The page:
All the national media attention will be paid to the Senate race, where entrenched establishment incumbent Sen. Pat Roberts survived a challenge from one of those under-funded amateur “tea party” insurgents, but even that surprisingly close call demonstrates the appropriately angry mood of the state’s Republicans. After 47 years of representing Kansas in Washington Roberts won less than 50 percent of his party’s vote, and if not for a couple of crank candidates who split the anti-incumbent vote with Dr. Milton Wolf, a Kansas City-area radiologist best known for posting his patients’ x-rays on his Facebook page with sarcastic comments, the upset would have been the national political story of the day. We expect that a duly chastened Roberts will campaign on the full-throated conservatism that he’s shrewdly advocated the past few years, and that even the disappointed Republicans will prefer him to the Democratic alternative.
Some national attention will also be paid to a couple of the state’s Congressional races, where the usual storyline was inverted and incumbents were the radical “tea party” insurgent types while the challengers were more establishmentarian. Here in the Fourth District, to which we mistakenly included Hutchinson in a previous post, an error due to re-districting that was politely pointed out to us by a well-informed friend at the Candle Club, Pompeo and his principled opposition to pork barrel spending and publicly funded but privately profitable economic schemes was challenged by his predecessor, Todd Tiahrt, who promised to bring home the bacon the way he did back in the good old days George W. Bush’s spending spree. Tiahrt’s pitch included promises aplenty about reviving Wichita’s beleaguered airplane industry, but it’s nice to note that Pompeo’s past success as an aviation entrepreneur and his advocacy of de-regulation and lower taxes proved more persuasive to a solid majority of the district’s Republicans.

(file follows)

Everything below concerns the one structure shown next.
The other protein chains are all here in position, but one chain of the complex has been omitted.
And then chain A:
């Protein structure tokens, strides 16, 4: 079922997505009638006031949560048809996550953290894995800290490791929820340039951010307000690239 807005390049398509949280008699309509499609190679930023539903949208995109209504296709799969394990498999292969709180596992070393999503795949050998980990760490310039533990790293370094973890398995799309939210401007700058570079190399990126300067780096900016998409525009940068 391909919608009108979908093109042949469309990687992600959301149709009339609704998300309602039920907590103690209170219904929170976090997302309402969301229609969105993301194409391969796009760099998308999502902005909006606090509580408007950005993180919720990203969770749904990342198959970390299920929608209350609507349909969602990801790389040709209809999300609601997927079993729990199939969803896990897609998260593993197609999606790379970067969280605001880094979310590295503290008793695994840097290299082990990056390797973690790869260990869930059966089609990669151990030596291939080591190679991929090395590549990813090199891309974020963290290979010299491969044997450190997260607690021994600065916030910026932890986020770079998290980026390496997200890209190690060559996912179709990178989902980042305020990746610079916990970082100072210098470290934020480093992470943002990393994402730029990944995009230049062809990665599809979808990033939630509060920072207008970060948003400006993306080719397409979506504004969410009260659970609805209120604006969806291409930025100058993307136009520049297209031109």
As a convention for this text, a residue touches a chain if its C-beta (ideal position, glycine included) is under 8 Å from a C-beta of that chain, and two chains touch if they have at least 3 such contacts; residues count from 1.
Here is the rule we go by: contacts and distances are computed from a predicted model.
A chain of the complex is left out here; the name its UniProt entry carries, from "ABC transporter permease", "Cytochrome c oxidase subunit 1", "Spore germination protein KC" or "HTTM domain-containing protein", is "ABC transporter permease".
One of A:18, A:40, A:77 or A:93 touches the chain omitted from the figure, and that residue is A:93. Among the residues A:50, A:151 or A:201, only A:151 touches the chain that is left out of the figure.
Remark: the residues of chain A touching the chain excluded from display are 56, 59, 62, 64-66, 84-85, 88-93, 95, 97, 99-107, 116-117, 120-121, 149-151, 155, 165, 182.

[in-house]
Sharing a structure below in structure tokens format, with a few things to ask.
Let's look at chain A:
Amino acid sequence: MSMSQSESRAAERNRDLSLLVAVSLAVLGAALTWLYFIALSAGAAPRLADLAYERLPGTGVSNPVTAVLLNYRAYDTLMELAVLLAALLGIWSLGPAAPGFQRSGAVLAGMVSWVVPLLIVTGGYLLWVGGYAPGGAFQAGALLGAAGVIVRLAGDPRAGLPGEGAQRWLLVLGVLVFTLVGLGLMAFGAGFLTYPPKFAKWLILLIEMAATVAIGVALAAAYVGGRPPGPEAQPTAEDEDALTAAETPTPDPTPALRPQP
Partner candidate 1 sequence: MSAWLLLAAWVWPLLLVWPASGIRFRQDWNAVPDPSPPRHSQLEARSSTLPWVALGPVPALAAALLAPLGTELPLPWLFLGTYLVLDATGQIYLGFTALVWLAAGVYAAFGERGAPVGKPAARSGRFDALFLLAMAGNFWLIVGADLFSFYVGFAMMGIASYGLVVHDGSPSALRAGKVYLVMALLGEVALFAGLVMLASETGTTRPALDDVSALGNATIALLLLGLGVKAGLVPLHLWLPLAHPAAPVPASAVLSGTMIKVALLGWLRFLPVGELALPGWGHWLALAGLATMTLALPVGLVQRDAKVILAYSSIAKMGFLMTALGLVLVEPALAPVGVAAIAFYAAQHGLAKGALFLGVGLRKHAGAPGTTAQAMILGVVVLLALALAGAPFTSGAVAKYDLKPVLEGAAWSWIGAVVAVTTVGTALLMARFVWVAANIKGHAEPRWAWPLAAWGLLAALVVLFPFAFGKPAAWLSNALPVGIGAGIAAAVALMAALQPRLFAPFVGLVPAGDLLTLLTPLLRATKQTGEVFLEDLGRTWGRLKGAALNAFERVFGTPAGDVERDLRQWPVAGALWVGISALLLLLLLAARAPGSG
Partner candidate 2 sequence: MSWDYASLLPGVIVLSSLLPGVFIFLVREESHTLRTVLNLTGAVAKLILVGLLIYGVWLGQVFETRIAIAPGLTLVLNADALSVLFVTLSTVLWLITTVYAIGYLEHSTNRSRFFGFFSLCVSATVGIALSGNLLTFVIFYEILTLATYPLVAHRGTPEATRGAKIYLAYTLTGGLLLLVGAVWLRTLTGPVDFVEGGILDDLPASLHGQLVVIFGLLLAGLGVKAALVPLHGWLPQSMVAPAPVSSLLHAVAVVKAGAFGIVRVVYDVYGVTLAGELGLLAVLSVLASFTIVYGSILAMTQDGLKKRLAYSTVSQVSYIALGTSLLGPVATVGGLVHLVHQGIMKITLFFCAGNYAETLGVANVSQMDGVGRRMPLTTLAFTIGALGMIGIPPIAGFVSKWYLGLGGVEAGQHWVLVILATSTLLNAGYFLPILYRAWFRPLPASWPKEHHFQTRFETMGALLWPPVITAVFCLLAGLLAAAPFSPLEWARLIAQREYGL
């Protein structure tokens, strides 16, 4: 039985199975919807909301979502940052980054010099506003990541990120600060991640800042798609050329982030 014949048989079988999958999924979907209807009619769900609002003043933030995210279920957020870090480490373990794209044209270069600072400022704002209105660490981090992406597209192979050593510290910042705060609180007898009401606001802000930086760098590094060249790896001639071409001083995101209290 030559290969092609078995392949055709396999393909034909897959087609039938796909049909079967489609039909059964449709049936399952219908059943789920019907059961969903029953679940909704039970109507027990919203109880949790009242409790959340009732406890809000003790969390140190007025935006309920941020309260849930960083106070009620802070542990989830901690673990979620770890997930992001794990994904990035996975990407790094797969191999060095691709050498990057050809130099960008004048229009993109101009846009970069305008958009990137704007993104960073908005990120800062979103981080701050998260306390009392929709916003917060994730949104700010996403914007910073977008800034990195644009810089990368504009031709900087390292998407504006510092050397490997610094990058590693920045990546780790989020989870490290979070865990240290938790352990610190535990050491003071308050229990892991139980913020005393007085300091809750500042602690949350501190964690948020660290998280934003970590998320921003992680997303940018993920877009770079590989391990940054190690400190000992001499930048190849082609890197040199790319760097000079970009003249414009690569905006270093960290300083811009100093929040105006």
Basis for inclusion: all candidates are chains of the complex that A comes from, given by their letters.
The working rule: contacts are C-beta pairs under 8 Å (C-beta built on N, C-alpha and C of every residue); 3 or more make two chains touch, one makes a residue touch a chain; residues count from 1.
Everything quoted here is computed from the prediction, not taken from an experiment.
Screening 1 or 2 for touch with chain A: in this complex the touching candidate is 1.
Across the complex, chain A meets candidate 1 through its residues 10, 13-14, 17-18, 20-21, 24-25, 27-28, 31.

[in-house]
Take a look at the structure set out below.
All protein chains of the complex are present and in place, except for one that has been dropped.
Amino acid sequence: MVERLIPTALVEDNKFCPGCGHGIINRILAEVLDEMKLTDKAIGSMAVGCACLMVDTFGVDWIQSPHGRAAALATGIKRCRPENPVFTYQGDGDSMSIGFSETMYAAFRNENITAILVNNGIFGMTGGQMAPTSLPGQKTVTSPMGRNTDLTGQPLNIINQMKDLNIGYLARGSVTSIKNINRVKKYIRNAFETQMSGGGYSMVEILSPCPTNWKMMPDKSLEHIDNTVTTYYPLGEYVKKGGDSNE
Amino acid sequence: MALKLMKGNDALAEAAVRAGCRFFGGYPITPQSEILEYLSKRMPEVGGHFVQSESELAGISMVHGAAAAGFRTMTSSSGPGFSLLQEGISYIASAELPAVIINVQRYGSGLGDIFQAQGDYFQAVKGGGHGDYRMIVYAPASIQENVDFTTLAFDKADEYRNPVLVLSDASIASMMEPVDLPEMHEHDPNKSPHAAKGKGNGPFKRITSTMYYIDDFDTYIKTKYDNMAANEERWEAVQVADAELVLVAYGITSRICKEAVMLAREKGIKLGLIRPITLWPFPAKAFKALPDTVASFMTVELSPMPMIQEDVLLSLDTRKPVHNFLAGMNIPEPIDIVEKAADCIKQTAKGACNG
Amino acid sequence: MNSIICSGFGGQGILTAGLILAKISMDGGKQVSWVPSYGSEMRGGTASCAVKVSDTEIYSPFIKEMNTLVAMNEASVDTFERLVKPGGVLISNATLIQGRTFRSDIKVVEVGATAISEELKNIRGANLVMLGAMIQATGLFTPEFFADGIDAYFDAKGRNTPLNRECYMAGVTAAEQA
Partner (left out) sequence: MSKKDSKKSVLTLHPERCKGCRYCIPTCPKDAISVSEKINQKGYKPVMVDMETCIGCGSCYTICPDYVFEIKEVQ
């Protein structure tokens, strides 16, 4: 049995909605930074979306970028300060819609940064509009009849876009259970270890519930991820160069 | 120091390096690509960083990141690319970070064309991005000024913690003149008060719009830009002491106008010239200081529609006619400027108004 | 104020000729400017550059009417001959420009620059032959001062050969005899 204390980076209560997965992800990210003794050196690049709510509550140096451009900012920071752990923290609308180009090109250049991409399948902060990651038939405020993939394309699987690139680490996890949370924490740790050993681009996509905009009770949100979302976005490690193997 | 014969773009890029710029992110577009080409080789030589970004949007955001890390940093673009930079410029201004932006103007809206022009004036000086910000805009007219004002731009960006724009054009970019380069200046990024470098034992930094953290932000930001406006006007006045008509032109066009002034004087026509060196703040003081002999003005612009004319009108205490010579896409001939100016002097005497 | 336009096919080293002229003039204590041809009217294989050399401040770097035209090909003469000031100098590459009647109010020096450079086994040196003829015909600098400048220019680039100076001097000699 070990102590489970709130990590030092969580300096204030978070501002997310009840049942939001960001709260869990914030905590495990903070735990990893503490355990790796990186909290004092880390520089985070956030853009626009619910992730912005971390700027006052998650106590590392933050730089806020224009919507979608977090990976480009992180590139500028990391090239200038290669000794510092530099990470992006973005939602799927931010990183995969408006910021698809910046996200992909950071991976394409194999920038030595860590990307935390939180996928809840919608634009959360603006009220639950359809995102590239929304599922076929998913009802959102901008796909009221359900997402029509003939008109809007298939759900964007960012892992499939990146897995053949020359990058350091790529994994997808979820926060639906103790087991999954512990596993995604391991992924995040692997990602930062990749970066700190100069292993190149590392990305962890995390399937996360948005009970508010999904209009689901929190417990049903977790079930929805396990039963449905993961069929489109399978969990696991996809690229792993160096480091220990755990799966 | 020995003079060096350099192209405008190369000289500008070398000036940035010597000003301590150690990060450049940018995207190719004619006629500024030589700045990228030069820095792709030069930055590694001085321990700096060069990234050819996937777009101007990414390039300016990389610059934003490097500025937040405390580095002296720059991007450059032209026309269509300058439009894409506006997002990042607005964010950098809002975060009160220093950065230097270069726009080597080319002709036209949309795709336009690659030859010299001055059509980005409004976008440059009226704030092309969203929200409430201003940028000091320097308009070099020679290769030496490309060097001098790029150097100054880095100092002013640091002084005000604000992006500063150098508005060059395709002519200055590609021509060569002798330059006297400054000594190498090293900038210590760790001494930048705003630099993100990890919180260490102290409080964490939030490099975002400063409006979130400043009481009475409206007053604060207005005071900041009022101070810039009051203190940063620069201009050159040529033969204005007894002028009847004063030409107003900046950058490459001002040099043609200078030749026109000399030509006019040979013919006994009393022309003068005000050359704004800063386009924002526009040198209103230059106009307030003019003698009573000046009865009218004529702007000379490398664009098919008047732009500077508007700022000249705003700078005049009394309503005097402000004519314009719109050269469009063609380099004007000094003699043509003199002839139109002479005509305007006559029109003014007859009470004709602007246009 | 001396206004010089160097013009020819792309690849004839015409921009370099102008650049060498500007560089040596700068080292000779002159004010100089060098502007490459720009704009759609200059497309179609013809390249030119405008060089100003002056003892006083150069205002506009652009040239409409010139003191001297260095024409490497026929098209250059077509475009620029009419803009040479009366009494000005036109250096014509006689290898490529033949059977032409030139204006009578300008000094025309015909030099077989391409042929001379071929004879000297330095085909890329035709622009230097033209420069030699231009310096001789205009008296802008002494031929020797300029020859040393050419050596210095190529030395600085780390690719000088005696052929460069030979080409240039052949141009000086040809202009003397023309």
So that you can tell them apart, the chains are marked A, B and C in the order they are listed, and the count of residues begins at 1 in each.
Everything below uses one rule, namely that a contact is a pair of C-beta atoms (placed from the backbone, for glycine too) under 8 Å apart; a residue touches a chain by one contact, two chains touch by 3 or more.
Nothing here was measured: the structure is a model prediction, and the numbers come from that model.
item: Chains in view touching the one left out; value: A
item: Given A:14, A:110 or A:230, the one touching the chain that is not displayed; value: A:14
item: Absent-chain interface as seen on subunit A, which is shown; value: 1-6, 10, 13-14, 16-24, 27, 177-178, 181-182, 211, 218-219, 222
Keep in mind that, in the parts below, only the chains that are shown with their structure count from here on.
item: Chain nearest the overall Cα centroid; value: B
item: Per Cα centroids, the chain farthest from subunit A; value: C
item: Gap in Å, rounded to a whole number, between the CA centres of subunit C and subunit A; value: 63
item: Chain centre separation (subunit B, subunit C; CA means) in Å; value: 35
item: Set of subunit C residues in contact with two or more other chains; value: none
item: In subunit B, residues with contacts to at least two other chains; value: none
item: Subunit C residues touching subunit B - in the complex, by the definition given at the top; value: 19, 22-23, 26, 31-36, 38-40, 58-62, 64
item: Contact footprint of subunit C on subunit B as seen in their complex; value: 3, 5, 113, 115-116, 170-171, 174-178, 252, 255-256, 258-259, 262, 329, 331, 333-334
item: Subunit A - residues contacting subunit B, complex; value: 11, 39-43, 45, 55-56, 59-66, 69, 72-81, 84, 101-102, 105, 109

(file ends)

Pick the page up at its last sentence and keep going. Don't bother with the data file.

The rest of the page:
Over in the First District, which covers that great big empty space west of Wichita all the way to the Colorado border and then snakes northeast all way to to the edge of Topeka, and which we feel obligated to add also includes the very fine town of Hutchinson, an even more radical “tea party” insurgent type survived a challenge from an even more establishment-minded challenger. Rep. Tim Huelskamp became a talk radio sensation and a national hero to the radical insurgent “tea party” types with his denunciations of the Republican House leadership’s timidity in the government shutdown and other efforts to rebuff President Barack Obama, but the House leadership responded by stripping him of his seat on the Agriculture Committee and thus provided an opening to farmer and former teacher Alan LaPolice, who promised a more polite sort of politics. Huelskamp’s stubbornness on the obligatory Farm Bill, which the Democrats always turn into a welfare bill, as well as his admirable opposition to the ethanol subsidies that enrich many western Kansas farmers, made for a very competitive race. That the First District preferred the more impolite and principled candidate makes us all the more eager to take another drive through that beautifully empty space west of Wichita.